Any opinions appreciated.
2011 Yearlist - 88 species

Tuesday, 4 January 2011

Last day of the Holidays

Last day of the Christmas Holidays today and the parents were back at work, so something was bound to turn up. Around lunch time I got a text off Paul Slade informing me of a Red Necked Grebe on Fairhaven Lake in Lytham, bugger!! This is a big gap in my life list but unfortunately I couldn't get out to see it today so I'm praying that it will stick around till the weekend.

I did some birding from my bedroom in the hope that I would connect with the local Pheasant and maybe some other year ticks, however it was deathly quiet all except for another flyover Raven. This is the 3rd time I've seen this bird in 2 weeks so it must be hanging around the area.

2011 Yearlist - 87 species

Monday, 3 January 2011

Raptor Fest

Another day clearing up the yearticks today and getting down to the south of the Fylde this time to try and see the raptors that are usually present over the marsh at Warton. High tide was at 10am so I got down there in the morning and joined a small group of birders on the bank over looking the marsh. Maurice Jones was there and informed me that 1 of the 10 White Fronted Geese from the previous day had been shot by wildfolwers that morning and none others had been seen while he had been there. There were at least 2000 Pink Footed Geese on the marsh however all I could pick out amongst them was a single Leuistic bird and a white neck collared bird with the letters LPT on it (awaiting details).

Single Merlin and Peregrine were easily located on the many pieces of wood and metal strewn across the marsh and after 10 minutes the ringtail Hen Harrier appeared from the east and continued to quarter the marsh before disappearing off towards Lytham. Sprrowhawk, Buzzard and Kestrel also showed well on the marsh but unfortunately I missed a Marsh Harrier that turned up briefly that would have completed the Ribble 7 as Colin Bushall (link in sidebar) puts it.

(photo taken last year)

The White Fronts didn't show up while I was there so I decided to go to Lytham Crematorium to get the Ring Necked Parrakeet's to the yearlist. I could here them as soon as I got out of the car and immediately 2 flew over calling in their high pitched voices. Quite a few other birders were present and they pointed out some more in the trees, 6 birds in all and a flyover Skylark also made it onto the yearlist.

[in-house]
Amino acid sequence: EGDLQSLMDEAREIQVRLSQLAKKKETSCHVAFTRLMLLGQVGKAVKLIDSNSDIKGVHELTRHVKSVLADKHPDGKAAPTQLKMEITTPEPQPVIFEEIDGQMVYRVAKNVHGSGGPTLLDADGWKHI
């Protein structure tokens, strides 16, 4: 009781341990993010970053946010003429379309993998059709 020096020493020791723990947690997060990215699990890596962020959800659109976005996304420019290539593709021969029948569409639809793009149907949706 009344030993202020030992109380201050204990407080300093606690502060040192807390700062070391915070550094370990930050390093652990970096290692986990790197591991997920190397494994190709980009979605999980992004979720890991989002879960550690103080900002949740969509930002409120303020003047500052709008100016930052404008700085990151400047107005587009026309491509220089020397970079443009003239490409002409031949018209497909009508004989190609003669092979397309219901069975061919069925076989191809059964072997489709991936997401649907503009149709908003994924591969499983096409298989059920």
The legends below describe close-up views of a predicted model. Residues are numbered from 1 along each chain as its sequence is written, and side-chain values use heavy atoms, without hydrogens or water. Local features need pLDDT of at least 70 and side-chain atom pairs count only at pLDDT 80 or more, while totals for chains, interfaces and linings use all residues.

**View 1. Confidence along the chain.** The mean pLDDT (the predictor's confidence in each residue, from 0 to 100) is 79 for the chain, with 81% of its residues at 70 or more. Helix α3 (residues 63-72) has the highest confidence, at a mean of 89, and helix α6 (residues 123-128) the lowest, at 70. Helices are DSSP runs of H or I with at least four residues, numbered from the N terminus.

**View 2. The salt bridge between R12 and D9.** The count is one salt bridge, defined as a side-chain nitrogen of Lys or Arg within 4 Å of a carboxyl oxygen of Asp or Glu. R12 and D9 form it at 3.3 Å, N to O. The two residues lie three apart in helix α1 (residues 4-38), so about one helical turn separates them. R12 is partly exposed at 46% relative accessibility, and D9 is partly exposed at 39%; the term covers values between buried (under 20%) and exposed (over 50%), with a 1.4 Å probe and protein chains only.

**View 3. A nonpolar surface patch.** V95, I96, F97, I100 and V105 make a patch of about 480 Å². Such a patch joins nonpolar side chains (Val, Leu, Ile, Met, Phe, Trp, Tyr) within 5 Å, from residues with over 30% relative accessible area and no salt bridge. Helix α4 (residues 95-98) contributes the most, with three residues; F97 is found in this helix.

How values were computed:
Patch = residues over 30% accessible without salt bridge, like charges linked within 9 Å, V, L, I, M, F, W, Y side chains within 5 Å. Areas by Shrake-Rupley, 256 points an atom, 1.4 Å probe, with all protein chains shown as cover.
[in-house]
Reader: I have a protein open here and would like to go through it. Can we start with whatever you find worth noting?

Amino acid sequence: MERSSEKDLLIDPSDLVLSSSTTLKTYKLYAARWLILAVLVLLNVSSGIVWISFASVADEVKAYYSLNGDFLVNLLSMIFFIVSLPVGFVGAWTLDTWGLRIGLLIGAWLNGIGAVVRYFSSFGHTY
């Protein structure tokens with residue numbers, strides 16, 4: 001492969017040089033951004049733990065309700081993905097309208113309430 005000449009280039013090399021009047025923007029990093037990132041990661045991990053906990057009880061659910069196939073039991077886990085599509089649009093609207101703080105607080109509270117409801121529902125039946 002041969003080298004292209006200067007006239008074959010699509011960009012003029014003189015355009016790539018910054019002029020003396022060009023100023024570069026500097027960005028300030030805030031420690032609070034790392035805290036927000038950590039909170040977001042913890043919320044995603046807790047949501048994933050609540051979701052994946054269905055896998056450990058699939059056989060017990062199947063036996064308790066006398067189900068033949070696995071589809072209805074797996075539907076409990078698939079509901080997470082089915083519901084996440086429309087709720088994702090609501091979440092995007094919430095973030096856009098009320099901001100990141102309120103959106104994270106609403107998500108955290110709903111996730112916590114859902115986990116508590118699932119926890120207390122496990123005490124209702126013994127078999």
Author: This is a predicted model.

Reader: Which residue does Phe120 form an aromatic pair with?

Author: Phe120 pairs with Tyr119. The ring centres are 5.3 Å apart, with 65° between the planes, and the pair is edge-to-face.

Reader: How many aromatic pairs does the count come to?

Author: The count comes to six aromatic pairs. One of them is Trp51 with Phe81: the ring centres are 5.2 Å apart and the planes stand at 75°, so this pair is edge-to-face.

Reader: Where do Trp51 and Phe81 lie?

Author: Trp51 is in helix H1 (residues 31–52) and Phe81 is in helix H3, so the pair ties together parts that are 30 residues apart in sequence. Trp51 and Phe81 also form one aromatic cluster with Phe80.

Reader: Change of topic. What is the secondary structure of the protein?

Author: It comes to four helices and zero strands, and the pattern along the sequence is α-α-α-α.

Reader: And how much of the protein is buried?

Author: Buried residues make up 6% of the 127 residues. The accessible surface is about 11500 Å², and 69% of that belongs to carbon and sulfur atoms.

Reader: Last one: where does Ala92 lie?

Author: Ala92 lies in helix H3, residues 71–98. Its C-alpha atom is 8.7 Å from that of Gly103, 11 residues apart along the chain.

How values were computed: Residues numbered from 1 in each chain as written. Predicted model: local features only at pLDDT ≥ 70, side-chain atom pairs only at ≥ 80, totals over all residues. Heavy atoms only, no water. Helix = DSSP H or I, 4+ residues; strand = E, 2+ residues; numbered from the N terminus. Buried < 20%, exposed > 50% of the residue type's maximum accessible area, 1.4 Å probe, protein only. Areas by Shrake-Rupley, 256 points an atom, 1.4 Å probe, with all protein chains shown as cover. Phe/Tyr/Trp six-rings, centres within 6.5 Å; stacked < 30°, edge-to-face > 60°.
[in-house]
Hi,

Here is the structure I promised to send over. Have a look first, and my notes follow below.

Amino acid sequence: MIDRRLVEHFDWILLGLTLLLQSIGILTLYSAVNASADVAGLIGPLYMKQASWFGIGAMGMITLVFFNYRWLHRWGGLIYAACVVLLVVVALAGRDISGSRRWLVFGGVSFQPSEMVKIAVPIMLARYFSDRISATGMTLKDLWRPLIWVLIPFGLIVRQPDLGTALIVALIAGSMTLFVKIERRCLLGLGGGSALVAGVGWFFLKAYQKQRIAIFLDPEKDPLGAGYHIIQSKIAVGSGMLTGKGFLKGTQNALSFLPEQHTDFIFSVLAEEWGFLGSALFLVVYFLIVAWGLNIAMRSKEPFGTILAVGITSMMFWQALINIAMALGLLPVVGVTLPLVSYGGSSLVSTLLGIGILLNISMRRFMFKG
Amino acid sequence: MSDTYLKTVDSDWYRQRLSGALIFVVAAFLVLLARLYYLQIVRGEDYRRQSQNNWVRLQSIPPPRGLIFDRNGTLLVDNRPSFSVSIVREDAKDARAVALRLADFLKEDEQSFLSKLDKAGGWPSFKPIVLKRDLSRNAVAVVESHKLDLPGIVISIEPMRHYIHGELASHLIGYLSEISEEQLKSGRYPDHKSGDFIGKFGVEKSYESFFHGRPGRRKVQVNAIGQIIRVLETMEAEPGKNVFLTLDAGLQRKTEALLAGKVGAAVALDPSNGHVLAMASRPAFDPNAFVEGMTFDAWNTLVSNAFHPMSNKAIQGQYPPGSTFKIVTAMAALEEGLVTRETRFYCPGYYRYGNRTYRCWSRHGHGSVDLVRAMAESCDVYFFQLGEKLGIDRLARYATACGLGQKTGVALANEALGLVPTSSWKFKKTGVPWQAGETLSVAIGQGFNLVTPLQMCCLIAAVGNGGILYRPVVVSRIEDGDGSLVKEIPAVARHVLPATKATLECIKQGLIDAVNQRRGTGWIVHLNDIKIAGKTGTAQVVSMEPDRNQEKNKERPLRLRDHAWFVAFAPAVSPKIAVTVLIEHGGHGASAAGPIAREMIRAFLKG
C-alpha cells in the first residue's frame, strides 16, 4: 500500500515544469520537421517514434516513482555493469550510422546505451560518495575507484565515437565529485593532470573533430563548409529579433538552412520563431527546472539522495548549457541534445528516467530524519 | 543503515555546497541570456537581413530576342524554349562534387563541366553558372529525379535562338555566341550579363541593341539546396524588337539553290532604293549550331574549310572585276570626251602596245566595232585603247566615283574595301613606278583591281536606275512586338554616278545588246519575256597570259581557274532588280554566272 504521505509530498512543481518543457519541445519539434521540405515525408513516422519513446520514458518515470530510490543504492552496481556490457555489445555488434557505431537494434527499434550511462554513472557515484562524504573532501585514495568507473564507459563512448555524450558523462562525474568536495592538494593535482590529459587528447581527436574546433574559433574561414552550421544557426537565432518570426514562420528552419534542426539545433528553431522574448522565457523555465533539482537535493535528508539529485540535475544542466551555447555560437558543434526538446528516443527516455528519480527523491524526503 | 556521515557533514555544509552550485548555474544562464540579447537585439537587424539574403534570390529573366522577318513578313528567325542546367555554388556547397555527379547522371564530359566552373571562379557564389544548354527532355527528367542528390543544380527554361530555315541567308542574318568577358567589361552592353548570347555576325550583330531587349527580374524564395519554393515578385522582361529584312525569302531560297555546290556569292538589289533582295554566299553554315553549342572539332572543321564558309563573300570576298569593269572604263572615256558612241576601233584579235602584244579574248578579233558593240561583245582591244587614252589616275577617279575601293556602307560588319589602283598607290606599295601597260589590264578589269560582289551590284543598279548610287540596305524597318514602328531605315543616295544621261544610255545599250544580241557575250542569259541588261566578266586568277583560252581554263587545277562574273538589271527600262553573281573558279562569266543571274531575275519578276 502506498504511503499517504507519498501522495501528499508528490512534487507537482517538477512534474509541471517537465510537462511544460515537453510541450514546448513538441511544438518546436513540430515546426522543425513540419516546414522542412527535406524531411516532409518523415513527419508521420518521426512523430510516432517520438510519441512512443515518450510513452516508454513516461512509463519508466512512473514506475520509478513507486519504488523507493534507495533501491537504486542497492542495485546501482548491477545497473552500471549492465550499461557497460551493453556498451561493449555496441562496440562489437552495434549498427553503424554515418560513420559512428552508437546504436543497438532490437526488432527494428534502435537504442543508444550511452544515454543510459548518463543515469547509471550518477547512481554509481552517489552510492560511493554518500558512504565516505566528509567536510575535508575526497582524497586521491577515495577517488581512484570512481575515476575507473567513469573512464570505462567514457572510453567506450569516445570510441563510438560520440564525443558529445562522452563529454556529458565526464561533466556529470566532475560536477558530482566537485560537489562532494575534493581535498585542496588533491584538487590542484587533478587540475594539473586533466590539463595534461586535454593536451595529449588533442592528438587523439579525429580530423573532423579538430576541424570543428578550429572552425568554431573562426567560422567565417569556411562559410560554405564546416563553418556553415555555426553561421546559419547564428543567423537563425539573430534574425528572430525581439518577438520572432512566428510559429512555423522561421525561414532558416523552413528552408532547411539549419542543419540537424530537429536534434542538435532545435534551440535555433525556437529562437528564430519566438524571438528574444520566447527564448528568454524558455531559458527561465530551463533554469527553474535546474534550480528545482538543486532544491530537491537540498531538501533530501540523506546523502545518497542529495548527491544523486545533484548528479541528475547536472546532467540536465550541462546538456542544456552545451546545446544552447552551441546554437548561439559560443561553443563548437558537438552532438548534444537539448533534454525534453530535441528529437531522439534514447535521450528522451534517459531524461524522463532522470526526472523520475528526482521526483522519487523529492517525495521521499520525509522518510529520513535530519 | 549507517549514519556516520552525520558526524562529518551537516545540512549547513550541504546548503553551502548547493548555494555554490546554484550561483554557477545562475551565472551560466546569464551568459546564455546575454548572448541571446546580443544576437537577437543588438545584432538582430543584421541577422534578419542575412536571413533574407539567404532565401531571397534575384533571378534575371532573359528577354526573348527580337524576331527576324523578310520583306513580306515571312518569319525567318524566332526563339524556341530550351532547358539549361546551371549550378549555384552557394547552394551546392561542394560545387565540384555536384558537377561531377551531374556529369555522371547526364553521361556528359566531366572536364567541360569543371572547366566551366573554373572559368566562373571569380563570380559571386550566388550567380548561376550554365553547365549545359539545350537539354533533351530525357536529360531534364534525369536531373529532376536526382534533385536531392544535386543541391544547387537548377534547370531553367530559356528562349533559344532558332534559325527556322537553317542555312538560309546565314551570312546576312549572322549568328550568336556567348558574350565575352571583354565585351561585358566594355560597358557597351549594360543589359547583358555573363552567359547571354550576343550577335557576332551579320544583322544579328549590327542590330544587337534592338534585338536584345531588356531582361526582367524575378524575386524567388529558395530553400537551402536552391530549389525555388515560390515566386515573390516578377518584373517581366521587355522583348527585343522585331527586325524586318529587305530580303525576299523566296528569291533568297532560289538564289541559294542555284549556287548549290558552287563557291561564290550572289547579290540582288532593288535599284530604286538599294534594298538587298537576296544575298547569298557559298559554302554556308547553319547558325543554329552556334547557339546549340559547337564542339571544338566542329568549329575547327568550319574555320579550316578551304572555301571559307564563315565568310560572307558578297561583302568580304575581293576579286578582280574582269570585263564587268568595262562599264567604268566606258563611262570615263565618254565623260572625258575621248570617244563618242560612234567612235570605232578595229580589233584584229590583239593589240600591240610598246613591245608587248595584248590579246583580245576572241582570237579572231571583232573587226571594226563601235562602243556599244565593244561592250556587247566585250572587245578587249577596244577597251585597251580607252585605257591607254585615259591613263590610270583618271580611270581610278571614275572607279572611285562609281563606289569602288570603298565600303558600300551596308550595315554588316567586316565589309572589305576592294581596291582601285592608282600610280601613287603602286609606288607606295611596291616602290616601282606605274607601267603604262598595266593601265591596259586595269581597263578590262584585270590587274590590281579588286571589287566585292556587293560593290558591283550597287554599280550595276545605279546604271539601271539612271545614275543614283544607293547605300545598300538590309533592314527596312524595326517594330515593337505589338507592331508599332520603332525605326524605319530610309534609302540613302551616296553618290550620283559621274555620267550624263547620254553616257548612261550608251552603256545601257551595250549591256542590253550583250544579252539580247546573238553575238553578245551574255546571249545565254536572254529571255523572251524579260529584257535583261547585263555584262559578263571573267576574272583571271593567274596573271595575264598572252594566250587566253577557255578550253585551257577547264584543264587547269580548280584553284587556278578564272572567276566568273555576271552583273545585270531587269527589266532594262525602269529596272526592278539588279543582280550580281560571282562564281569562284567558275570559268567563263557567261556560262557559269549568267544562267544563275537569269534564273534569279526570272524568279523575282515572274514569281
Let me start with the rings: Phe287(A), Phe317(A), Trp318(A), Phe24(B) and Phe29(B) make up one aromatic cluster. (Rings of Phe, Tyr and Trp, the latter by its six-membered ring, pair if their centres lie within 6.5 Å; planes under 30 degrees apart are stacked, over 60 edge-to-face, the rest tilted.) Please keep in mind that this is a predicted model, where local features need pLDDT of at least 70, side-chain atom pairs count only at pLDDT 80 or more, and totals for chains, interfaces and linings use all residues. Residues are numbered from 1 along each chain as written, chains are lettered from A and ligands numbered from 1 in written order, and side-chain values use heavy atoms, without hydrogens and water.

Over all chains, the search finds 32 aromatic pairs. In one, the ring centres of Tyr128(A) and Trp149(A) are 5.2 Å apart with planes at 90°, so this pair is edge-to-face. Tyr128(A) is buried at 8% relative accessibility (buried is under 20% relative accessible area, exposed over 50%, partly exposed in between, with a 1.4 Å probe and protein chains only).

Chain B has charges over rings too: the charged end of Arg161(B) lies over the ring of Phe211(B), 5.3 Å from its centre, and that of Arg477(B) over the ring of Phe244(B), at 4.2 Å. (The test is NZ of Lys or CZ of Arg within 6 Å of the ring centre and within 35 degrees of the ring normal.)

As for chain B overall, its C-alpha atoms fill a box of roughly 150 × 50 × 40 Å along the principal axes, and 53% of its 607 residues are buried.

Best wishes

2011 yearlist - 86 species

Sunday, 2 January 2011

My Favourite Bird

A fantastic day today at the local patches, Stanley Park and Marton Mere. I tend to only visit them when my parents are out as it means I can only get out by using the buses, as was the case today.

I took my usual route from the bus stop at Victoria hospital, through Stanley park then past the De Vere hotel to Marton mere. There were plenty of birds in the woods at the north end of the park, at least 2 Great Spotted Woodpeckers and a Nuthatch were showing well.

The only area of open water on the lakes were under the 2 bridges separating the lakes. These areas were crammed assorted ducks, geese and a female Goldeneye which is a good bird at the park. There were plenty of Coots present and many of these had colour rings on their legs, I managed to photograph 18 of them and get the codes so will have the details back about them by the end of the week.

(This photo was taken earlier in the year)

On to Marton Mere where I first went to look to see if the owls were in their usual spot, and as usual at least 5 Long Eared Owls were roosting in the hawthorn bushes on the north side.

On the mere itself the ducks were gathered in a small area of water in front of the Fylde Bird Club hide so I headed round there to see if I could catch up with the regular ducks and also water rail and cetti's warbler. A few birders were already present and informed me that the Bittern had been seen during the morning so this gave me hope. Several Gadwall were feeding in the water with 20+ Pochard, 75+ Wigeon and several hundred Teal. It was at this point that all the gulls to the right of the hide flew up and this is a sure sign that a Bittern is around, and sure enough it flew right past the hide from left to right giving stunning views! Typically my camera was in my bag but I got it out at this point just in case it returned, and luckily a few minutes later it flew back the way it came and I managed a few shots. This is without a doubt my favourite bird, such a powerful and majestic beast and I am extremely lucky to get them on my local patch.

With this I decided to head back, stopping off at the feeders where I managed to pick out a Lesser Redpoll with a flock of 12 Goldfinch in the alders opposite the hide. On the way back to the bus stop I walked through Stanley Park, where I added Goldcrest and Treecreeper to my yearlist. These take me up to 76 for the year and I am hoping to get out tomorrow and if I'm lucky reach 100 species.

2011 Yearlist - 76 species